I’m really good at not doing what I should be doing. It’s a trait I’ve been developing over the years. Sometimes, I get it: I hate calling strangers, so I still haven’t called my bank about an issue that sprang up last spring. But sometimes, it’s silly. When I started quilting, I decided that I didn’t want to knock out a simple quilt that was row after row of basic square patchwork; I wanted to keep learning new techniques. I was strategic about it: I designed my own quilt. I cut out the wrong-sized triangles twice. I sewed everything by hand, pulling out stitches when necessary to rework odd areas. And I learned a lot. The entire quilt, which is shy of being a twin-size, is pieced, backed, and quilted. The only thing left is to bind it…and I’ve been putting it off for weeks.
Binding doesn’t seem hard. In fact, a lot of quilting bloggers I’ve read seem to actually enjoy it. And yet, I just don’t want to. So, I ask myself, why?
Psychotherapists tell us that we procrastinate for one reason: We fear that doing whatever it is that we’re avoiding will cause us some amount of pain. I’m pretty sure my quilt isn’t going to strangle me as I bind it, and my fingers are already numb from the number of times I’ve stabbed myself while quilting. Physical pain is out.
But emotional pain is something different. I have a feeling that I’m afraid of the project ending. I’ve really enjoyed myself working on this quilt, and it’s been completed entirely by hand. That last bit is something special, something I’m particularly proud of. I’ve gone through nearly two spools of thread, and I’ve done it purely with my fingers. Now that I have a sewing machine—a shiny Husqvarna that I really do like—I fear that the enjoyment I get from sewing by hand is going to be lost. With a machine on standby, sewing by hand is inefficient. So, I could tell myself the next time I look at a hand needle, why bother with that old thing at all?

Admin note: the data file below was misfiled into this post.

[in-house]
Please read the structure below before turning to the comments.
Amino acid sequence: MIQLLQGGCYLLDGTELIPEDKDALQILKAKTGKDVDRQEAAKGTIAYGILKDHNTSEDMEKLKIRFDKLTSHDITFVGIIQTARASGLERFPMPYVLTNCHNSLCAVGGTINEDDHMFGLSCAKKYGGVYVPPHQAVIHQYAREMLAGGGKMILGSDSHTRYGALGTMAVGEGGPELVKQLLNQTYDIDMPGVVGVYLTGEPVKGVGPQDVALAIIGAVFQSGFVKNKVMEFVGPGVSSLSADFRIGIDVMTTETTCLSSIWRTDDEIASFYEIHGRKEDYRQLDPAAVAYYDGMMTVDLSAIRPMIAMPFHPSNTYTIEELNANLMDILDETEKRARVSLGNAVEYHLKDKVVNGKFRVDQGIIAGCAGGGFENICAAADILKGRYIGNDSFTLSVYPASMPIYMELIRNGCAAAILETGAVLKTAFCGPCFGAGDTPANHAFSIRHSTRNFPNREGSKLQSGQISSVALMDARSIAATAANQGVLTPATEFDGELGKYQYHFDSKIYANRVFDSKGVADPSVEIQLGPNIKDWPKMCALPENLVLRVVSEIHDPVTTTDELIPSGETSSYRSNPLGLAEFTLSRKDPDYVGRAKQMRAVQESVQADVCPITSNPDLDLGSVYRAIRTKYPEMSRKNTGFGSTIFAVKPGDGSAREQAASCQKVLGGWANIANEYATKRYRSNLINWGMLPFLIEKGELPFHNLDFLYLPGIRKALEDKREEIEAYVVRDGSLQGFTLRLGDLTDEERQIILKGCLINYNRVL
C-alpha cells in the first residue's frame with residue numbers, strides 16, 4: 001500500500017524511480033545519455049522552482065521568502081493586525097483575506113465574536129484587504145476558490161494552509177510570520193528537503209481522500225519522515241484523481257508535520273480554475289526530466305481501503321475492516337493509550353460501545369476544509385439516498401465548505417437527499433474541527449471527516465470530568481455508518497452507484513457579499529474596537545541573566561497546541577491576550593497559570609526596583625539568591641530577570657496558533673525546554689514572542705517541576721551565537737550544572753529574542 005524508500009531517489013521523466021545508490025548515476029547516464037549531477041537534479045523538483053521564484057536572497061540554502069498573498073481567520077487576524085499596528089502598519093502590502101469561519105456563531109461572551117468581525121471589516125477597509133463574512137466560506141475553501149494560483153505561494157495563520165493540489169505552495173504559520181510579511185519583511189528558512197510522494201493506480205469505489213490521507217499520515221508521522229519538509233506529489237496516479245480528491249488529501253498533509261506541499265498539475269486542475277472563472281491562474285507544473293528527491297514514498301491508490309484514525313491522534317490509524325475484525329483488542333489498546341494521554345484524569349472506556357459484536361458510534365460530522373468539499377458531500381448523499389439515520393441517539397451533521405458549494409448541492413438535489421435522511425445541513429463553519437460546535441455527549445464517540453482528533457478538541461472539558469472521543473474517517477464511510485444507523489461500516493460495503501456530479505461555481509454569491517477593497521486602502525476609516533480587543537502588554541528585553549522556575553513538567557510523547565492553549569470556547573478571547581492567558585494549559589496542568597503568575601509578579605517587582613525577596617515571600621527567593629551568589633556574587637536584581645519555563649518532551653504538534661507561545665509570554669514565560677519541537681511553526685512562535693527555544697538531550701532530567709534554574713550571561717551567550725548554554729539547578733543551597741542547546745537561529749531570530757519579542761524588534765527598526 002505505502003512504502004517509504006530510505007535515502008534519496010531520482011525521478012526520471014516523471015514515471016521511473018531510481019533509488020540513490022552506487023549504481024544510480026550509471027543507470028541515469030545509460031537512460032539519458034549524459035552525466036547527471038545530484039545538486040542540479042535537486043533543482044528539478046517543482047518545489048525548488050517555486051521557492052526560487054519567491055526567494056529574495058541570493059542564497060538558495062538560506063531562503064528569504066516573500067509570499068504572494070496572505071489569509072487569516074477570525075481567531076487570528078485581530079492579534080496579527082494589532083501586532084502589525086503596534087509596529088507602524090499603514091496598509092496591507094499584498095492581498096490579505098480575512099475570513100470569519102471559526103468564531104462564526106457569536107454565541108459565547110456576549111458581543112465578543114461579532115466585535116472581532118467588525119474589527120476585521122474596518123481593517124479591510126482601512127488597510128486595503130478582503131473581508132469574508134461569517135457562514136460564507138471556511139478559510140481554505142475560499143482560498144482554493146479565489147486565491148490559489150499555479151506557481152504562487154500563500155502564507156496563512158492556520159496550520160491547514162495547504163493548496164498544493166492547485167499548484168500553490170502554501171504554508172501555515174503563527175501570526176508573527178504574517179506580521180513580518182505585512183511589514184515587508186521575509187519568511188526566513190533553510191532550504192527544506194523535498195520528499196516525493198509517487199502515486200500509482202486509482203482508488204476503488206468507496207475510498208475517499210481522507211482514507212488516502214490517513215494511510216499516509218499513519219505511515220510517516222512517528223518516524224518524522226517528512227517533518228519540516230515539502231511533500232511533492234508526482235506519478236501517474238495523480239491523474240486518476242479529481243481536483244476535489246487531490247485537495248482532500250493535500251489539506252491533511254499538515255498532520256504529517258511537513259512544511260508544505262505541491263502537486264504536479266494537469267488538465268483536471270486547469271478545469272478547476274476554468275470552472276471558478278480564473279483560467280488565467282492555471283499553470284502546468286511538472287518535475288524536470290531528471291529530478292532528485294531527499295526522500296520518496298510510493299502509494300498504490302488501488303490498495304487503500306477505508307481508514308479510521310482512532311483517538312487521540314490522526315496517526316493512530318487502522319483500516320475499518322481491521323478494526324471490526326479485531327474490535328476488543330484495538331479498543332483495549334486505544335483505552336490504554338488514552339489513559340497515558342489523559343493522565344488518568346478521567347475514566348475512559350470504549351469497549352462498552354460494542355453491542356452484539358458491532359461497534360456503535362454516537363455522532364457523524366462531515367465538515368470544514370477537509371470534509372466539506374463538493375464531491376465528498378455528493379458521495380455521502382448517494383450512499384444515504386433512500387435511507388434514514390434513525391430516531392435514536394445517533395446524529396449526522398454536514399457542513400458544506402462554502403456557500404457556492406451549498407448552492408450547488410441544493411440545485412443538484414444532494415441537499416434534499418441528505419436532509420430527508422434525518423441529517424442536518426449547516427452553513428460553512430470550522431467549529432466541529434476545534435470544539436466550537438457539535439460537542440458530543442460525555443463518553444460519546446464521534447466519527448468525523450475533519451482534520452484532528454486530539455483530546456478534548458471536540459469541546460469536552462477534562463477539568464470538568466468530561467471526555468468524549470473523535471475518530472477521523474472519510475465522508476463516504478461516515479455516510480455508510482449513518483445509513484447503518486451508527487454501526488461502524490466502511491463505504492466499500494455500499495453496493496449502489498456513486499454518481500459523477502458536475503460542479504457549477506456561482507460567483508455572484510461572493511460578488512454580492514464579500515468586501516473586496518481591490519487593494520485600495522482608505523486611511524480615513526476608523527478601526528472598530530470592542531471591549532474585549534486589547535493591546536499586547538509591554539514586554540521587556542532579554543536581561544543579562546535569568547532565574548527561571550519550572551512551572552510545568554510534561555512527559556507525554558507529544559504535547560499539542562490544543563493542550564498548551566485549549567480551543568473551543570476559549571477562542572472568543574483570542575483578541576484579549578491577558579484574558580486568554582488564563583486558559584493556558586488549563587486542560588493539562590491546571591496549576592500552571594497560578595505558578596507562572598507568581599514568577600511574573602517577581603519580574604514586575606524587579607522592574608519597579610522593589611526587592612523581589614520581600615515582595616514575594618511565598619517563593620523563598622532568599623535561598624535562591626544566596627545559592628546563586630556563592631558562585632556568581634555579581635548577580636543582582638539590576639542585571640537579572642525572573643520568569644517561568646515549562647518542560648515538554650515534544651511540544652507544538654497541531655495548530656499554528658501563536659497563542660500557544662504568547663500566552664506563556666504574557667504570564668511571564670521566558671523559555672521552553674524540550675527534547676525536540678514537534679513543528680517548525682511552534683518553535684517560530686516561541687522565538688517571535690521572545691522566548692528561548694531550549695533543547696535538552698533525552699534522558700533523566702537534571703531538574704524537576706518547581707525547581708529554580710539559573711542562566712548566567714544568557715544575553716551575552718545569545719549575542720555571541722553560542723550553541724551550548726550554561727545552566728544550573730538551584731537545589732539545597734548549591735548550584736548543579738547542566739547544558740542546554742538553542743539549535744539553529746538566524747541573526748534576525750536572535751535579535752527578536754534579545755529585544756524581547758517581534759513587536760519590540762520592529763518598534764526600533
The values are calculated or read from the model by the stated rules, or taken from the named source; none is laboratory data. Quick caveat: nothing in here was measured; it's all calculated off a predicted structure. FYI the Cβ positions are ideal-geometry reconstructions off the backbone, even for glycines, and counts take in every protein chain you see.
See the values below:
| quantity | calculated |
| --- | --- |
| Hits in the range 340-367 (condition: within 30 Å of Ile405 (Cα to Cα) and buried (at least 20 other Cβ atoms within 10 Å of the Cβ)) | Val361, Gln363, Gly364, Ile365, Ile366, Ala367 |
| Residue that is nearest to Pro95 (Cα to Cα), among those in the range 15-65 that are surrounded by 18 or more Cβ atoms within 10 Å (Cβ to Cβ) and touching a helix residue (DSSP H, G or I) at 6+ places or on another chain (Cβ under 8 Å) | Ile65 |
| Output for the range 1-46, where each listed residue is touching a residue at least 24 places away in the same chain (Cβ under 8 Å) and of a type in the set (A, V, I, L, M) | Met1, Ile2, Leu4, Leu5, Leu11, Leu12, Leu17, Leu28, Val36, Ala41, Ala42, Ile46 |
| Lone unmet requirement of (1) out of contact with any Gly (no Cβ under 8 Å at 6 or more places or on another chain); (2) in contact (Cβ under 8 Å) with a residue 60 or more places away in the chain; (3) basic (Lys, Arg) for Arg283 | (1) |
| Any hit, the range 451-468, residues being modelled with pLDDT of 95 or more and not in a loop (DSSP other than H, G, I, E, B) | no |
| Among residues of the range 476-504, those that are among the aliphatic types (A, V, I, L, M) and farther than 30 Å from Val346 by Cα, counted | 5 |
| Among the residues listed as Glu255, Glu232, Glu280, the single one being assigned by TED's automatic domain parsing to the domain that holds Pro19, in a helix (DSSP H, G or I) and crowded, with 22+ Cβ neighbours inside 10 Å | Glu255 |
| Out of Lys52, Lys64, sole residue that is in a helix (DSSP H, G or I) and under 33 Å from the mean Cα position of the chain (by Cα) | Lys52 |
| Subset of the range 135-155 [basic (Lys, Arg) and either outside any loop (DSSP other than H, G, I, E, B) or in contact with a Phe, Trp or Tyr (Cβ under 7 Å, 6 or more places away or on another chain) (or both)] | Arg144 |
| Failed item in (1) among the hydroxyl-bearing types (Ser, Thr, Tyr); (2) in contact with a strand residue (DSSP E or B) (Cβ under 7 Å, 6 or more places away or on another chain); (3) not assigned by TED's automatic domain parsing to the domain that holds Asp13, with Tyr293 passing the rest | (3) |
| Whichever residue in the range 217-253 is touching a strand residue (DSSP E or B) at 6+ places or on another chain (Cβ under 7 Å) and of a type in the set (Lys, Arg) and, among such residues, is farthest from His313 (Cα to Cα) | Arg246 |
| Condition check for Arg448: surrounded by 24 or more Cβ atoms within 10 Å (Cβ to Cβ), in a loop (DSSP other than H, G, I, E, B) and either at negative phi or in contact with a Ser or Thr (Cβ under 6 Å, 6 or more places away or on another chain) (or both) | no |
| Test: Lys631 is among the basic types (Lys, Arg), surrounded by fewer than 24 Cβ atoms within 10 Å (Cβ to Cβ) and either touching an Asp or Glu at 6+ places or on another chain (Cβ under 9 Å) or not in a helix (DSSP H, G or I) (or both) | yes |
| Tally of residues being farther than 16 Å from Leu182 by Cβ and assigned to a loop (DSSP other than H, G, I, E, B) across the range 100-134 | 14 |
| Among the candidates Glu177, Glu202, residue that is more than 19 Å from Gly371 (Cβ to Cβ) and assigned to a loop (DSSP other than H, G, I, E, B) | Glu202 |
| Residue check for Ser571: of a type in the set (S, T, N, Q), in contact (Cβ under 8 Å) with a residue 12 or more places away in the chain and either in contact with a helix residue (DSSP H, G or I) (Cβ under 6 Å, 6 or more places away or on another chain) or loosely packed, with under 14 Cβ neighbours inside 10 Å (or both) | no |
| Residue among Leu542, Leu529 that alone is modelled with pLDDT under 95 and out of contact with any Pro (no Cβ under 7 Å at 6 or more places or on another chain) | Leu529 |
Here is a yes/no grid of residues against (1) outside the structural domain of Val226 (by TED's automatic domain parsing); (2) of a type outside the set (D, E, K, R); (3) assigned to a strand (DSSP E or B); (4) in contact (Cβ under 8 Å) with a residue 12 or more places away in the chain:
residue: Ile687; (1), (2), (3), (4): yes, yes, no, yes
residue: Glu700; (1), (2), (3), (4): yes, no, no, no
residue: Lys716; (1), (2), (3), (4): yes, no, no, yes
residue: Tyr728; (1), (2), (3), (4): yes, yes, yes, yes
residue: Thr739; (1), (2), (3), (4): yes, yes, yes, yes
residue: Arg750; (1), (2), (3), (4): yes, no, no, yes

It’s the same argument you can make for typing on a computer, as I’m doing right now, instead of writing with a pen on paper. I am a fast, accurate typer and a slow, messy writer, so putting my thoughts down digitally is, on the surface, a far more productive way to spend my writing time.
Sometimes, though, the words don’t flow when I’m staring at any empty Word document. Sometimes, I need a fine-point RSVP pen in my hand to get my brain waves moving. Often, I switch fairly seamlessly between the two, preferring to brainstorm by hand and my speedy writing on my laptop.
The same will, I think, be true of my hand sewing in the future. The machine is a wonder—the way it whizzes through seams that would take me hours by hand! But I don’t like listening to the whir. I don’t like pressing the pedal. And I don’t enjoy digging through stitch settings or troubleshooting bobbin hang-ups or fiddling with tension. I adore the silence and focus it takes to sew by hand. My hope for the future is that I remember that I have a choice; just because the machine is there doesn’t mean that I have to use it. And if I choose not to—or choose to use it, for that matter—the only person attaching guilt or fear or negativity to the situation is me.
Do you procrastinate on activities you actually enjoy, just like I do? Tell me why you think you did it in the comments!